Pheromones of humans and other vertebrates
1) 2-methylbut-2-enal: The rabbit milk pheromone. Induced nipple search behavior of pups and directs them towards the nipples of the mother. Given that rabbits feed their young only once a day this behavior is critical for survival.
2) (methylthio)methanethiol: Mouse male pheromone. A molecule with a strong garlic-like odor that attracts females towards the male by inducing an investigative behavior.
3) androstadienone: Human male pheromone. A molecule with a mild musky odor causes physiological arousal in females by inducing increased heart beat, blood pressure and breathing rate, and feeling of improved mood.
4) 5a-androst-16-en-3-ol: The boar pheromone. Causes sows to raise their posterior and display a receptive posture.
5) petromyzonamine disulfate: the lamprey migratory pheromone. It is released by larval lamprey in streams and guides sexually mature parasitic adults to swim towards the spawning stream.
6) 6-hydroxy-6-methyl-3-heptanone: A mouse male pheromone. Accelerates puberty of pre-pubertal females.
7) (S)-2-sec-butyl-4.5-dihydrothiazole: Multi-faceted mouse male pheromone
8) (RR)-3.4-dehydroexo-brevicomin: Multi-faceted mouse male pheromone. This and the above compound induce aggression when smelt by other males. When smelt by pre-pubertal females they cause acceleration of puberty and when sensed by adult females induce and synchronize the estrus cycles.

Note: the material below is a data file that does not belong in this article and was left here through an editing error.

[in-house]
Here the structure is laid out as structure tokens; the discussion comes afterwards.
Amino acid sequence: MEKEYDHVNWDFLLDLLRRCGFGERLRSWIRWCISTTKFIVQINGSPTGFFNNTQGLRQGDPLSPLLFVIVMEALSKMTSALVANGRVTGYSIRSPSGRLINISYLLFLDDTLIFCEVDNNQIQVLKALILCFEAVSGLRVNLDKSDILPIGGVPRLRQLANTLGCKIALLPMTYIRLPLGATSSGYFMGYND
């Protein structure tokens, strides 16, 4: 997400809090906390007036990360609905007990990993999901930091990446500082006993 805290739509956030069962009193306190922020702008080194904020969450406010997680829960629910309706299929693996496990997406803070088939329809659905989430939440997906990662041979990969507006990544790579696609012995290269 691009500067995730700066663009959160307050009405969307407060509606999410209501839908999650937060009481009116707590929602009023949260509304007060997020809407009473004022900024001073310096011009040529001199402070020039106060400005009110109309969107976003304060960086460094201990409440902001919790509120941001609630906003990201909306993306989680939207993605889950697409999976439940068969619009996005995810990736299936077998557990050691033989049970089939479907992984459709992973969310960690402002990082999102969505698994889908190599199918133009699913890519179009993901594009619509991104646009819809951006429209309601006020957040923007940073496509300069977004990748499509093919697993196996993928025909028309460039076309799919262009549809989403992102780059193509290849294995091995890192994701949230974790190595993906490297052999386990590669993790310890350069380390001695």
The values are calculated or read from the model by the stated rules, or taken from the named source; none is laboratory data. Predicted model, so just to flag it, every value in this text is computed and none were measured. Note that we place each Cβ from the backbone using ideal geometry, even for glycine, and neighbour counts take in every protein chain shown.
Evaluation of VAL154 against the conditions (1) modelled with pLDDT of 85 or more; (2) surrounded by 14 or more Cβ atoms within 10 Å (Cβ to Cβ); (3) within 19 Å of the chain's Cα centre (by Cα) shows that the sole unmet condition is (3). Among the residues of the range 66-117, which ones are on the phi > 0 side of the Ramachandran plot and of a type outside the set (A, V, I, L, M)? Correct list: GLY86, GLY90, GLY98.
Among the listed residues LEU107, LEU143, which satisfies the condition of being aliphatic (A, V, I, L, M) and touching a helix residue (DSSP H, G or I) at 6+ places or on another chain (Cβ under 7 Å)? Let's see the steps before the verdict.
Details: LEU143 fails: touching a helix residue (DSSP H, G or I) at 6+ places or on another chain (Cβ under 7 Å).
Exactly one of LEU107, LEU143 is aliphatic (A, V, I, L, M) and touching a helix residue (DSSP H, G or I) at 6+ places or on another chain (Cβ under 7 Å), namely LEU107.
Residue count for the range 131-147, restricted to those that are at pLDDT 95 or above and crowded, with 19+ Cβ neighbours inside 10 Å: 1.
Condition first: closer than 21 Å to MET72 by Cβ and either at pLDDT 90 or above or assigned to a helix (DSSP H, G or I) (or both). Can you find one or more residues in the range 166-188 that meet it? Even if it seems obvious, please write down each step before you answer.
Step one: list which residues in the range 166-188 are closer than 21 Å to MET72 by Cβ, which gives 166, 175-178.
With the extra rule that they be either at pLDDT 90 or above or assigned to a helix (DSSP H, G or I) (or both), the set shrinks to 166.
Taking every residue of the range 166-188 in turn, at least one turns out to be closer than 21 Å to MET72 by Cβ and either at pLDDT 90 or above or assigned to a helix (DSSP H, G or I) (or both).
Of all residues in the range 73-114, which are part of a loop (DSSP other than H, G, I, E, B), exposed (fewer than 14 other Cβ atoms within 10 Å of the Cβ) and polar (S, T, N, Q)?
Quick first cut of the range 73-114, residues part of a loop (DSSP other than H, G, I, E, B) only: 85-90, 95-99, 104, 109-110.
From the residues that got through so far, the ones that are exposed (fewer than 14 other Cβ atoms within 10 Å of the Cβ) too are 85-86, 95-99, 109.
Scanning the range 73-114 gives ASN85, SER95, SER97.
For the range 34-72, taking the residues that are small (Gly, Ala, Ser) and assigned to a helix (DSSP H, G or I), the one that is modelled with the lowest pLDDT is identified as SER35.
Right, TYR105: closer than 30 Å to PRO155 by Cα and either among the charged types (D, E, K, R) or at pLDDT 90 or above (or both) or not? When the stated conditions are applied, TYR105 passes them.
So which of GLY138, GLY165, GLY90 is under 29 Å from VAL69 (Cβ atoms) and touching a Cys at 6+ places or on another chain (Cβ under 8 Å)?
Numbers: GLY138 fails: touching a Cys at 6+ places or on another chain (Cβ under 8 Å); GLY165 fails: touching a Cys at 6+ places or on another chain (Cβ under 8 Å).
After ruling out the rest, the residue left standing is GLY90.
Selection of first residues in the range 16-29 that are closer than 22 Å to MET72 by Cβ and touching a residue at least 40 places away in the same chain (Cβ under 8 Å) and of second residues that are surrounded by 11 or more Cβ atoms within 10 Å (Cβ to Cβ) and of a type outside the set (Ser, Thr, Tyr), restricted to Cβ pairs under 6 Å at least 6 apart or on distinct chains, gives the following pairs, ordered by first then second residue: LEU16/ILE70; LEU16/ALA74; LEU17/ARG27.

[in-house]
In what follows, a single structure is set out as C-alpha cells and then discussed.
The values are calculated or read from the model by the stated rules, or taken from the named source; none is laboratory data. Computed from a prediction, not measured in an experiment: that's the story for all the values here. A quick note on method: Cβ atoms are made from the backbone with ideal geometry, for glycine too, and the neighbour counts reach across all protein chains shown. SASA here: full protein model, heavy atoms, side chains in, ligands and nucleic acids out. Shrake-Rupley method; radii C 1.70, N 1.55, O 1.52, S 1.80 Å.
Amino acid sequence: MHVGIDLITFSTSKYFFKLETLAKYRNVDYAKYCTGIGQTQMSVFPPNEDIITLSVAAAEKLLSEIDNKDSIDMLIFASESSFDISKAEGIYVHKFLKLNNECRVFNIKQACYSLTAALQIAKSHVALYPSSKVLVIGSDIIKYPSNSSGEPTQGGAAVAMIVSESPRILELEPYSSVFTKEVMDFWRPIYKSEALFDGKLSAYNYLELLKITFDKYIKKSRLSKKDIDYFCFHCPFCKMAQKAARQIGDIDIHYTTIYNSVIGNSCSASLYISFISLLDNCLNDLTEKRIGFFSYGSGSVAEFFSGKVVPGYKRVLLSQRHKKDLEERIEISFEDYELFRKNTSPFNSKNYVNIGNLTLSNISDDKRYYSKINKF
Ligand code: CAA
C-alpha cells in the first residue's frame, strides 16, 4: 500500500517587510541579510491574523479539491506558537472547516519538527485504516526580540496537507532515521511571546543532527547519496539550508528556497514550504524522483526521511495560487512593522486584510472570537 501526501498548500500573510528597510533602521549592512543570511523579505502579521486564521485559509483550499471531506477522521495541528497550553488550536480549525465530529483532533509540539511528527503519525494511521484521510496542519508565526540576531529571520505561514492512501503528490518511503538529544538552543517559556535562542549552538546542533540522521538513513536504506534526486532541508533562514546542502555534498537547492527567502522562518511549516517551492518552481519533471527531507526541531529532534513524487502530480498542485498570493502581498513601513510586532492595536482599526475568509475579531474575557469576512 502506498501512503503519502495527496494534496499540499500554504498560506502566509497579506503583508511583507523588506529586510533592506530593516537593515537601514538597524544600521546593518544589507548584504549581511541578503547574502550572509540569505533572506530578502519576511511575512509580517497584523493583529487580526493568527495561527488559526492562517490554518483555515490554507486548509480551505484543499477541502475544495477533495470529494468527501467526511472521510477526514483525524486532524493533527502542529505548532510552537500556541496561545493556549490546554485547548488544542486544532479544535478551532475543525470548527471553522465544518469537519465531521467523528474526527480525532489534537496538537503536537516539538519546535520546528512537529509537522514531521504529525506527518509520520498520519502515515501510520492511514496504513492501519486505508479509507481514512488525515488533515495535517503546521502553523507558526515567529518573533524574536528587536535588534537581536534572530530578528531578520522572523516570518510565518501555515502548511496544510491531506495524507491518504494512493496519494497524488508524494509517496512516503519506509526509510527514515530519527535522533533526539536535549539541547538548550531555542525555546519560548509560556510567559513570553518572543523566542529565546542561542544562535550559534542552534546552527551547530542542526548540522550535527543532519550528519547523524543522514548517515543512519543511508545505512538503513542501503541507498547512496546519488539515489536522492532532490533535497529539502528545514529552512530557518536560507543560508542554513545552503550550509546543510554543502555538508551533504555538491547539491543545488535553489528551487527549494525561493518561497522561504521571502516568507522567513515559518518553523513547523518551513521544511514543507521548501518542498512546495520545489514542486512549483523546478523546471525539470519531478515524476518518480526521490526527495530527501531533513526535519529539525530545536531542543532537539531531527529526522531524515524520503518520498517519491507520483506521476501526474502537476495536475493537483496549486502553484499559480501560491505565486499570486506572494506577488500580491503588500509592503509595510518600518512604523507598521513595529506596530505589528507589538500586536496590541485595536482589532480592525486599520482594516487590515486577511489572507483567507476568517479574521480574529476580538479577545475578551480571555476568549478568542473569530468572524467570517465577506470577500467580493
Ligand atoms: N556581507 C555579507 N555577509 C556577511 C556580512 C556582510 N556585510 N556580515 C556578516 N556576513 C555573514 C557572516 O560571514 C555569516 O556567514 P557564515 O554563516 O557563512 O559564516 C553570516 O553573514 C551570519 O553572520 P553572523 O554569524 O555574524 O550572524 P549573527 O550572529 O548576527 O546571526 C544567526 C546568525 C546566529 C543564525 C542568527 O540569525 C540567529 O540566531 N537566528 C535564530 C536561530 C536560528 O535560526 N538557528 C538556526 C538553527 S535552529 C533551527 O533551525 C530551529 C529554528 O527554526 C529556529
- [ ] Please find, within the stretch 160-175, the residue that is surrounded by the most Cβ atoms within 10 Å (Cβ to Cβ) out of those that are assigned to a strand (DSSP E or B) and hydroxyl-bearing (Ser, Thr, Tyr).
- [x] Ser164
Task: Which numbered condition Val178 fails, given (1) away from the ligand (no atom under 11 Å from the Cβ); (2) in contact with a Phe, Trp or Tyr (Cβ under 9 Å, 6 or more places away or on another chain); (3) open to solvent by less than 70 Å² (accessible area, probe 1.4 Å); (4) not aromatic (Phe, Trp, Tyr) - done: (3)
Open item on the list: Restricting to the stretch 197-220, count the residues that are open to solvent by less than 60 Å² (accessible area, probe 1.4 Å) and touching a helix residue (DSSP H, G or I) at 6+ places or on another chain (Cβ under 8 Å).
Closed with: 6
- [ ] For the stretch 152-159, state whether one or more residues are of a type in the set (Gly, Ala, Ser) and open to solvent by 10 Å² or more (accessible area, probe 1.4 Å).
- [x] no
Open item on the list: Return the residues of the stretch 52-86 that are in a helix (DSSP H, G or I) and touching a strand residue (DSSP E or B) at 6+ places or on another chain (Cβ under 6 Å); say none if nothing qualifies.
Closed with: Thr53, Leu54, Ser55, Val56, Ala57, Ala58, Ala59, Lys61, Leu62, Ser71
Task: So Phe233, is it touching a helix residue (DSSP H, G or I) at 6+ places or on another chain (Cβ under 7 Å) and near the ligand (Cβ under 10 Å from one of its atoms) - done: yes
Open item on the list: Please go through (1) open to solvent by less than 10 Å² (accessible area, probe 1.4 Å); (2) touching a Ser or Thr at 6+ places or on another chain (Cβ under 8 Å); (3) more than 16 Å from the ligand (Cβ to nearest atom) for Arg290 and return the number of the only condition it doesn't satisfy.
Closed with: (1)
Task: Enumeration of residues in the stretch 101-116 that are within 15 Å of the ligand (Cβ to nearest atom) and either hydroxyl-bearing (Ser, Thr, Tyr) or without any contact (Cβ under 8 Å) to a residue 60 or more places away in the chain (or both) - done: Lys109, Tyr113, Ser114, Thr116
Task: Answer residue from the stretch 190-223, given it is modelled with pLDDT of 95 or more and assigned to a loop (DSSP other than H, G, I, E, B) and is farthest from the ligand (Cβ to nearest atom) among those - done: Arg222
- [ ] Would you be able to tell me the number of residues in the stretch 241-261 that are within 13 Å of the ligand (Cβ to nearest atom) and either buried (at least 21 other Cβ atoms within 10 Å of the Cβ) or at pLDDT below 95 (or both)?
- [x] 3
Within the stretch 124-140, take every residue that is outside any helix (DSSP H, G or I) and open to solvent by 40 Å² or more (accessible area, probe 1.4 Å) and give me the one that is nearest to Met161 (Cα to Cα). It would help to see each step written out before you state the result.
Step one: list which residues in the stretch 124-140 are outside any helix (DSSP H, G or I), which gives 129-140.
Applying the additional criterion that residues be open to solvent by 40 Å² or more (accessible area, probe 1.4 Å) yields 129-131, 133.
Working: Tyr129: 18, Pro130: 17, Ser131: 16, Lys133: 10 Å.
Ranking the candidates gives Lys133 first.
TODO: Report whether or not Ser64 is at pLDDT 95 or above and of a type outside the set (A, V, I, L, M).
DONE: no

I have always strongly believed in the existence of human pheromones, emitted by both males and females. Critics have felt that the degeneration of the vomeronasal organ and loss of the TRPC2 channel in humans might mean that there is no pheromonal signaling. However, I have always held that the regular olfactory mucosa is likely to be a sufficient interface for pheromone sensing. For a while it had been suspected that androstadienone, a testosterone derivative emitted by male via their skin is the primary male pheromone. A recent study by Wyart et al building on earlier work of Savic et al brings considerable support to this and suggests that it indeed induces behavioral changes in females. One important point they note is that the intensity of smell does not correlate with magnitude of action of the pheromone. So it appears to work in a sense “sub-consciously”- i.e. there is no connection with the odor experience. This seems to be an important point in support of it being a pheromone. Based on the experience of males including my own suggest I have long come to hold that females exude a pheromone that activates responses in males. From the study of Savic et al this appears to be estra-1,3,5(10),16-tetraen-3-ol (not pictured above). I suspect that while active olfaction is required to detect it, its actions occur again somewhat “subconsciously”.